28 August 1963
A Call for Justice and a Call for the US to Act Righteously
57 years after Martin Luther King Jr.’s historic “I Have a Dream” speech in Washington, D.C., racial equality in the US or for that matter around the world, remains an elusive goal.
Much remains to be done, and thus, we must carry on imagining the dream until the dream comes true.
I offer this in honour of Black History Month
'I have a Dream’: 'it's a flame that still burns'
The civil-rights leader the Rev. Martin Luther King Jr. waves to supporters on Aug. 28, 1963,
on the Mall in Washington, D.C. AFP/GETTY IMAGES
Imagining the Dream: "So even though we face the difficulties of today and tomorrow, I still have a dream."…
"The whirlwinds of revolt will continue to shake the foundations of our nation until the bright day of justice emerges. Let us not seek to satisfy our thirst for freedom by drinking from the cup of bitterness and hatred.”
'I have a Dream’: 'it's a flame that still burns'
An engraving at the Lincoln Memorial marks the spot where Martin Luther King, Jr. made his 1963
'I Have a Dream' speech. (Photo by Mark Wilson/Getty Images)
The “I Have a Dream” speech was delivered on 28 August 1963 by Martin Luther King, Jr. before a crowd of some 250,000 people at the 1963 March on Washington. Weaving in references to the country’s Founding Fathers and the Bible, King used universal themes to depict the struggles of African Americans before closing with an improvised riff on his dreams of equality, justice and freedom. The eloquent speech was immediately recognized as a highlight of the successful protest, and has endured as one of the signature moments of the civil rights movement.
‘I say to you today, my friends, so even though we face the difficulties of today and tomorrow, I still have a dream. It is a dream deeply rooted in the American dream.…I have a dream that my four little children will one day live in a nation where they will not be judged by the color of their skin but by the content of their character. I have a dream that…one day right there in Alabama, little Black boys and Black girls will be able to join hands with little white boys and white girls as sisters and brothers.’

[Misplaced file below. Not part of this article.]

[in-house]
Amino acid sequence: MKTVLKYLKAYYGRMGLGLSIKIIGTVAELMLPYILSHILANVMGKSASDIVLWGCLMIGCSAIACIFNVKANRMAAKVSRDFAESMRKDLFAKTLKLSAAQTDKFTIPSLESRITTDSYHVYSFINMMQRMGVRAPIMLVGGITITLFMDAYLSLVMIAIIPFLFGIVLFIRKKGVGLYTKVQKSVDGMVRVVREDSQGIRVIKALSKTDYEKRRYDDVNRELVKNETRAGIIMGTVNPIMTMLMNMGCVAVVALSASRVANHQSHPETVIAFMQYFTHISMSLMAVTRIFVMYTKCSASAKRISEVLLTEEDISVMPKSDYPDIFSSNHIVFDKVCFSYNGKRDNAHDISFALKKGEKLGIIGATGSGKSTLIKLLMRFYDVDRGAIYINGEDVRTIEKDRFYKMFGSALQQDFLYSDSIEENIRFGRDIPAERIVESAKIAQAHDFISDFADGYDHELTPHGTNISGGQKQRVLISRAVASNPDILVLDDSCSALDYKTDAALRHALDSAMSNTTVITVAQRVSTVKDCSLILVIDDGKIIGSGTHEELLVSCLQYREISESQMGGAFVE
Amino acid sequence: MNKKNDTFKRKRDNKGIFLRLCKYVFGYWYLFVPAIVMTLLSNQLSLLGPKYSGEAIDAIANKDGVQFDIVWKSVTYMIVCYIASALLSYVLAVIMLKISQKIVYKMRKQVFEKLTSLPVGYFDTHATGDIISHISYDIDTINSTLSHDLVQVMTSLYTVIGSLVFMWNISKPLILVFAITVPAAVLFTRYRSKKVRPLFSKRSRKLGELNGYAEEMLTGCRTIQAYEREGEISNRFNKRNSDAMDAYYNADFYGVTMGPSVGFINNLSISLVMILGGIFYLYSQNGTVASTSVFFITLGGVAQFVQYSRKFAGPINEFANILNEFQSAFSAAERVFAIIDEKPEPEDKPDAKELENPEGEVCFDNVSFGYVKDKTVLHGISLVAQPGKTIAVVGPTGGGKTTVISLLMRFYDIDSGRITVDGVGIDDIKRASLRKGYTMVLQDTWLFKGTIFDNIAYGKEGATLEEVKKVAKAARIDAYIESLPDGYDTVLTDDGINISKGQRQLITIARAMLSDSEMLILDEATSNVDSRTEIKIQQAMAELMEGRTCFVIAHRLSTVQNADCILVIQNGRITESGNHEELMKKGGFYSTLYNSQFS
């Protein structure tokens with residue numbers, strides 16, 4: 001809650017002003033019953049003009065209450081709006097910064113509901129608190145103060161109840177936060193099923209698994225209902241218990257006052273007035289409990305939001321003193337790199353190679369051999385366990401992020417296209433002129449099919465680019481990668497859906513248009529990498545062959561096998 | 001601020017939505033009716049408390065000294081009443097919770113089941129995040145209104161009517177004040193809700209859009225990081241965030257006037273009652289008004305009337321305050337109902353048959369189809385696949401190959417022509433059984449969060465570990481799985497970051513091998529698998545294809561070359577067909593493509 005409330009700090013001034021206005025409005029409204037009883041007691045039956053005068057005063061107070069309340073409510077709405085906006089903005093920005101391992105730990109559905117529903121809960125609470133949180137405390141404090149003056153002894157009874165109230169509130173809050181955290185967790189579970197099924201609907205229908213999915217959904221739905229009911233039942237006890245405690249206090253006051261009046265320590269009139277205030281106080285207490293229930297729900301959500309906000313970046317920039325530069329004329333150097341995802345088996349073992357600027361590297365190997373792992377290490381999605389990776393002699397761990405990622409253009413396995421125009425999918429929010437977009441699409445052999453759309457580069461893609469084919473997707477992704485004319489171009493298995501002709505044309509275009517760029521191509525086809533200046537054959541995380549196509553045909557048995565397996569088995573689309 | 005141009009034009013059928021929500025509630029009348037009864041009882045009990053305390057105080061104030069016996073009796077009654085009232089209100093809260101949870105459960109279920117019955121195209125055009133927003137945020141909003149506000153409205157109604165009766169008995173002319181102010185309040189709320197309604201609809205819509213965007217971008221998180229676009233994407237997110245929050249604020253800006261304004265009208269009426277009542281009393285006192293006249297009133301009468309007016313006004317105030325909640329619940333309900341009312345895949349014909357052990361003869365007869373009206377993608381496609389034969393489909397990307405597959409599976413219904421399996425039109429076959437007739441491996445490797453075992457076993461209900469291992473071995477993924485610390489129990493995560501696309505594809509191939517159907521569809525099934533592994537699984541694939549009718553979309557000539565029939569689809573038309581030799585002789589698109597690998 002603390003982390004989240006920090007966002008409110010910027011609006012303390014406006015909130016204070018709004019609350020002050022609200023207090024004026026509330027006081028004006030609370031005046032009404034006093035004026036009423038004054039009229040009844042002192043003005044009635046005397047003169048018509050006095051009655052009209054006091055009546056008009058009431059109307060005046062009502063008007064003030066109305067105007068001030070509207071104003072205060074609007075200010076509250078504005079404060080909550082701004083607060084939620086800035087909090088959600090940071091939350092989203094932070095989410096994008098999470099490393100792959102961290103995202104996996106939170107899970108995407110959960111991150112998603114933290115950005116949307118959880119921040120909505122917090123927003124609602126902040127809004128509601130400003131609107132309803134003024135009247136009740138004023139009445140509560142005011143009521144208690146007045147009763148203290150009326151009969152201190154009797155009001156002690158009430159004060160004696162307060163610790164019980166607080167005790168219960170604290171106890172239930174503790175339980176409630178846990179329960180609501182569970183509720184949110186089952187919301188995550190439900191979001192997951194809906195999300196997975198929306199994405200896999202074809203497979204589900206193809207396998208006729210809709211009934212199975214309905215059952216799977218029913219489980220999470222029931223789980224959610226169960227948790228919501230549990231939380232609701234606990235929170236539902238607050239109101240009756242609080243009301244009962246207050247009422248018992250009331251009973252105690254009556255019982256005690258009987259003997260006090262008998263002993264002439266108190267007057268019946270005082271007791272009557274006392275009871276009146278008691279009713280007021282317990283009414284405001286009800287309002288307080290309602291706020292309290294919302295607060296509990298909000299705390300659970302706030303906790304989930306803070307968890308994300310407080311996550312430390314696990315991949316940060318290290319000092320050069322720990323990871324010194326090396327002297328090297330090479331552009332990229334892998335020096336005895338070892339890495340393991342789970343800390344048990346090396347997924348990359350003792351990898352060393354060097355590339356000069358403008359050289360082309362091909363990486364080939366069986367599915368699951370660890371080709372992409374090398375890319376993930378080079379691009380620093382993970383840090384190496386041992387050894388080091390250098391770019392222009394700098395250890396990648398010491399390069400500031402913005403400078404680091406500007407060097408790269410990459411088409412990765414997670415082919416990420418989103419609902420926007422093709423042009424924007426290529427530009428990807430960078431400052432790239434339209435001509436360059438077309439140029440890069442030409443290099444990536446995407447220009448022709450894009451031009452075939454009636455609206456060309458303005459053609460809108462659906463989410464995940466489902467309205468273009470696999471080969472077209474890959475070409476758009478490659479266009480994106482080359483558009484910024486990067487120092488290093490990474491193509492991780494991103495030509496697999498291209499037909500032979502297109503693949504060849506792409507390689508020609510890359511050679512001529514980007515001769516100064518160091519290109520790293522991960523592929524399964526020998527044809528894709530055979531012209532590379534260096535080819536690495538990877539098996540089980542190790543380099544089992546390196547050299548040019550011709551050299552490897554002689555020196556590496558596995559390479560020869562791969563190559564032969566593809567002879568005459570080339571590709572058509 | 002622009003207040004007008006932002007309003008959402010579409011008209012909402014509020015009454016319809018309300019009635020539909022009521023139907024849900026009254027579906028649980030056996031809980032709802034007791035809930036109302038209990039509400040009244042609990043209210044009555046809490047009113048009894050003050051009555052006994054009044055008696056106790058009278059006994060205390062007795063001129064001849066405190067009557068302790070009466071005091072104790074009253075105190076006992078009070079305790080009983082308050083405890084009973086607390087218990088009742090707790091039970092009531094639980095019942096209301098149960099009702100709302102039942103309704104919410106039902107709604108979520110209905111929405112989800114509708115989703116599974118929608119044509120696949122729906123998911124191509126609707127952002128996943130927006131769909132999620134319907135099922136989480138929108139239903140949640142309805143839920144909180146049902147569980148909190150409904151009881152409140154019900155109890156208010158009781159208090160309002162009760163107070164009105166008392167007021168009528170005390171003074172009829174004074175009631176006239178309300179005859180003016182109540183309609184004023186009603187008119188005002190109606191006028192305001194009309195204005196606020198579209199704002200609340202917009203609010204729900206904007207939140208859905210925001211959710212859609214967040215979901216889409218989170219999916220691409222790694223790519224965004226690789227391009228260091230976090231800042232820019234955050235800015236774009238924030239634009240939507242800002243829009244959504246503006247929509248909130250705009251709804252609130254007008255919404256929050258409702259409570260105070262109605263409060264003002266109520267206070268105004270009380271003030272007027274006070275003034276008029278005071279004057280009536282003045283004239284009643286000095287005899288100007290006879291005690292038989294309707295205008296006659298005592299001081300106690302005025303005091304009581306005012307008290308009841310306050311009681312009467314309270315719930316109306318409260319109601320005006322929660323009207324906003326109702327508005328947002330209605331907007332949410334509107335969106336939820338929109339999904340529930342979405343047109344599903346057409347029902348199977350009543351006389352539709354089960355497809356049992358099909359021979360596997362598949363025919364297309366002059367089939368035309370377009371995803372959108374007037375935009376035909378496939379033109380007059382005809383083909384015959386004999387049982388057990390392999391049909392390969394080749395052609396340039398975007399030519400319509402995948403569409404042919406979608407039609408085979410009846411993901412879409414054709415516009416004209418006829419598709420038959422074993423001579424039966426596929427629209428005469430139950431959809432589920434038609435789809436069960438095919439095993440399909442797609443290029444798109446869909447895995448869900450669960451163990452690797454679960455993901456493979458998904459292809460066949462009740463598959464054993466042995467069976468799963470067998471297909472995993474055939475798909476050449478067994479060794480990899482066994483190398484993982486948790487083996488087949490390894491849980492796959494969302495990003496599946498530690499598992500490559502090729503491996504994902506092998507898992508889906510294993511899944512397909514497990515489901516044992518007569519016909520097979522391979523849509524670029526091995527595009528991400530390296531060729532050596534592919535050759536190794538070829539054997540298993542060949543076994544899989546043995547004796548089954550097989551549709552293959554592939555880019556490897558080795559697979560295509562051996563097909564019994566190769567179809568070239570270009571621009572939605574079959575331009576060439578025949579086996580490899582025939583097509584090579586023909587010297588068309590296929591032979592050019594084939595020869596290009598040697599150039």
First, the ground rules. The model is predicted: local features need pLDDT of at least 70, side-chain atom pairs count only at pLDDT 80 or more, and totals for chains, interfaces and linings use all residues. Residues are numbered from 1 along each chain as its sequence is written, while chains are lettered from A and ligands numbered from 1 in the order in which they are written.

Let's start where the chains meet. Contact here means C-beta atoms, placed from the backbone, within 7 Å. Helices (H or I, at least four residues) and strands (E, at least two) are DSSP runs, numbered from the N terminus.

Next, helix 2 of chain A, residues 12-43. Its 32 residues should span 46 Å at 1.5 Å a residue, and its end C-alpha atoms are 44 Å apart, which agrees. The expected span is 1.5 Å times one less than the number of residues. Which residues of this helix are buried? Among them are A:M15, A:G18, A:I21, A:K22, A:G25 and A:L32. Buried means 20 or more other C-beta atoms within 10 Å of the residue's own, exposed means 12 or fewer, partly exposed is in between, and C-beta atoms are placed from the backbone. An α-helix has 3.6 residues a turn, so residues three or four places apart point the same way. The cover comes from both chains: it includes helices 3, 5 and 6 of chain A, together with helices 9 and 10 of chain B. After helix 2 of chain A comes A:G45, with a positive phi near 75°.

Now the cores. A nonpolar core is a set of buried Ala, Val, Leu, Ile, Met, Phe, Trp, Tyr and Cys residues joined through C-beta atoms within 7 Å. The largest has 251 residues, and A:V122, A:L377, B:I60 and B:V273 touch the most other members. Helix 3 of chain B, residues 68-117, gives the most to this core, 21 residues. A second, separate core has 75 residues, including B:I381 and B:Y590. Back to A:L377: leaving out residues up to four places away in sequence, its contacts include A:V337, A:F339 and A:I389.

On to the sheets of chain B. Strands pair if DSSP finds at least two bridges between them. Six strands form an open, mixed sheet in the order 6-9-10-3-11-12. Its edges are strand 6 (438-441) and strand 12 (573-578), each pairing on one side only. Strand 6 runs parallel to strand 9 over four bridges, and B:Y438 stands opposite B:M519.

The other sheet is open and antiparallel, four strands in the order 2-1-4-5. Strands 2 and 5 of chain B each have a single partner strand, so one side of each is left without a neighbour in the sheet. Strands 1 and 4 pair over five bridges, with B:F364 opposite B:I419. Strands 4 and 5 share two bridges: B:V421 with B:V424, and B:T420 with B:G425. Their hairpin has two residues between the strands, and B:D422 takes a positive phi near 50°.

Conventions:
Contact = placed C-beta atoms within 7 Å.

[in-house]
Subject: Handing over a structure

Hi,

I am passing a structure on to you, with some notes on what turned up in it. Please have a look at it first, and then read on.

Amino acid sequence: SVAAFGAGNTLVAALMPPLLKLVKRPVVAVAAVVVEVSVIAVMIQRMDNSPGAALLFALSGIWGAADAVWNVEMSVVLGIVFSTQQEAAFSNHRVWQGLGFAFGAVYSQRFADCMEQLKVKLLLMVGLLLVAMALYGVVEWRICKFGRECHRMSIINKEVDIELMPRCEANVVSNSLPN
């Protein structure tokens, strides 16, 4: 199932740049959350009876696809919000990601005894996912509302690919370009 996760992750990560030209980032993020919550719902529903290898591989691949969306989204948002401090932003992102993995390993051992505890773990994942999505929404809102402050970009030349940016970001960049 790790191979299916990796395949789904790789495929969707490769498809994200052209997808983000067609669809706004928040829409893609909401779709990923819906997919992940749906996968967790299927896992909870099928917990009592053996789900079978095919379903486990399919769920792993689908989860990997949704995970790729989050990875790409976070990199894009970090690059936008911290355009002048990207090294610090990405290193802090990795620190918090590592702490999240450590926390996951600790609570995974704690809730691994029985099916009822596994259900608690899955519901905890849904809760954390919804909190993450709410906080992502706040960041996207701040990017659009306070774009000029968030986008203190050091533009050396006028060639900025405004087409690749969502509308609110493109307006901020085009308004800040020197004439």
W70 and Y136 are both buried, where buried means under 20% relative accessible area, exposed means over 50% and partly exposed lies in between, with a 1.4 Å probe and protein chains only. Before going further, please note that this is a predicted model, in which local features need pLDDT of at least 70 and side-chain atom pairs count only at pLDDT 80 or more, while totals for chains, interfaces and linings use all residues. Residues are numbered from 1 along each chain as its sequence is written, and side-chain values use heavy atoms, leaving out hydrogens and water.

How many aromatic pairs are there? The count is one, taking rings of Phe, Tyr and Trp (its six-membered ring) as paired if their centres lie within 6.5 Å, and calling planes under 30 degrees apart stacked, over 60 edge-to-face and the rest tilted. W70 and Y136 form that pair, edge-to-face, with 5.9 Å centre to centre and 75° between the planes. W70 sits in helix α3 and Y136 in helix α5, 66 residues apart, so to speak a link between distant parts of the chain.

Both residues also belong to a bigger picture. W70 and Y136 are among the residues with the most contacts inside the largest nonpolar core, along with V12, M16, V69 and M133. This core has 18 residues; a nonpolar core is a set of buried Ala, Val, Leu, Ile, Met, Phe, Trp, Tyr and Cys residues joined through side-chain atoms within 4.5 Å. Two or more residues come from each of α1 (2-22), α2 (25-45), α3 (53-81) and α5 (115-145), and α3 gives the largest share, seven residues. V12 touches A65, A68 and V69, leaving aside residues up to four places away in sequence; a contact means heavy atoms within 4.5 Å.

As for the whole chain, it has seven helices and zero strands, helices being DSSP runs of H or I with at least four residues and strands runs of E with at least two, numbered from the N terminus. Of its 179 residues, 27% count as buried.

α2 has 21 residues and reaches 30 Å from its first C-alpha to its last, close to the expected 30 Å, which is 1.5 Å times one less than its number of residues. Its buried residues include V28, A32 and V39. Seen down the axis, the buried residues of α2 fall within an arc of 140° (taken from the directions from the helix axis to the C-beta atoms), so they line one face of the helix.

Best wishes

King’s improvisations seemed to strike a chord with the crowd, many of whom called out words of encouragement. The speech built to its emotional conclusion, “Free at last. Free at last. Thank God Almighty, we are free at last.”
‘I Have a Dream', 57 Years on. But, in America today: 'I can't breathe'
Drawing by Steve Sac, Star Tribune
America's Raging Fire Against Racism, Inhumanity, Poverty, Inequality, oppression and Injustice
Police and protestors clashed on Tuesday (25 August 2020) night in Kenosha, Wisconsin,
that were sparked by the shooting and grave wounding of Jacob Blake.
KENOSHA, WI – AUGUST 24:
A car attempts to drive through a crowd of protestors on August 24, 2020 in Kenosha, Wisconsin. This is the second night of rioting after the shooting of Jacob Blake, 29, on August 23. Blake was shot multiple times in the back by Wisconsin police
officers after attempting to enter into the drivers side of a vehicle. Brandon Bell/Getty Images/AFP
Thus, given the continuation of the struggles for justice, equality and freedom, dreams of anti-racism and hopes for racial equality and harmony as highlighted by movements such as #BlackLivesMatter, it seems that we still desperately need to keep the flame and the passion of ‘I have a Dream’ alive, so that one day, hopefully, in the not too distant future, Martin Luther King’s ‘Dream’ can be realised at last: “Free at last. Free at last. Thank God Almighty, we are free at last.”
To remember, recall and honour that wonderful day, 28 August 1963, I can do no better than recall a few selected pieces from our GCGI.INFO archives. We must still keep dreaming, remain positive, be hopeful, don’t despair and walk on.
Dr. King’s dream is also my dream, our dream and the GCGI’s dream. Thus, with hope for a better future and joining with the spirit of Dr. King and all who have struggled across the generations for justice, equality, freedom and racial harmony, we will carry on and live the spirit of “I have a dream” speech and Dr. King’s Interconnected World.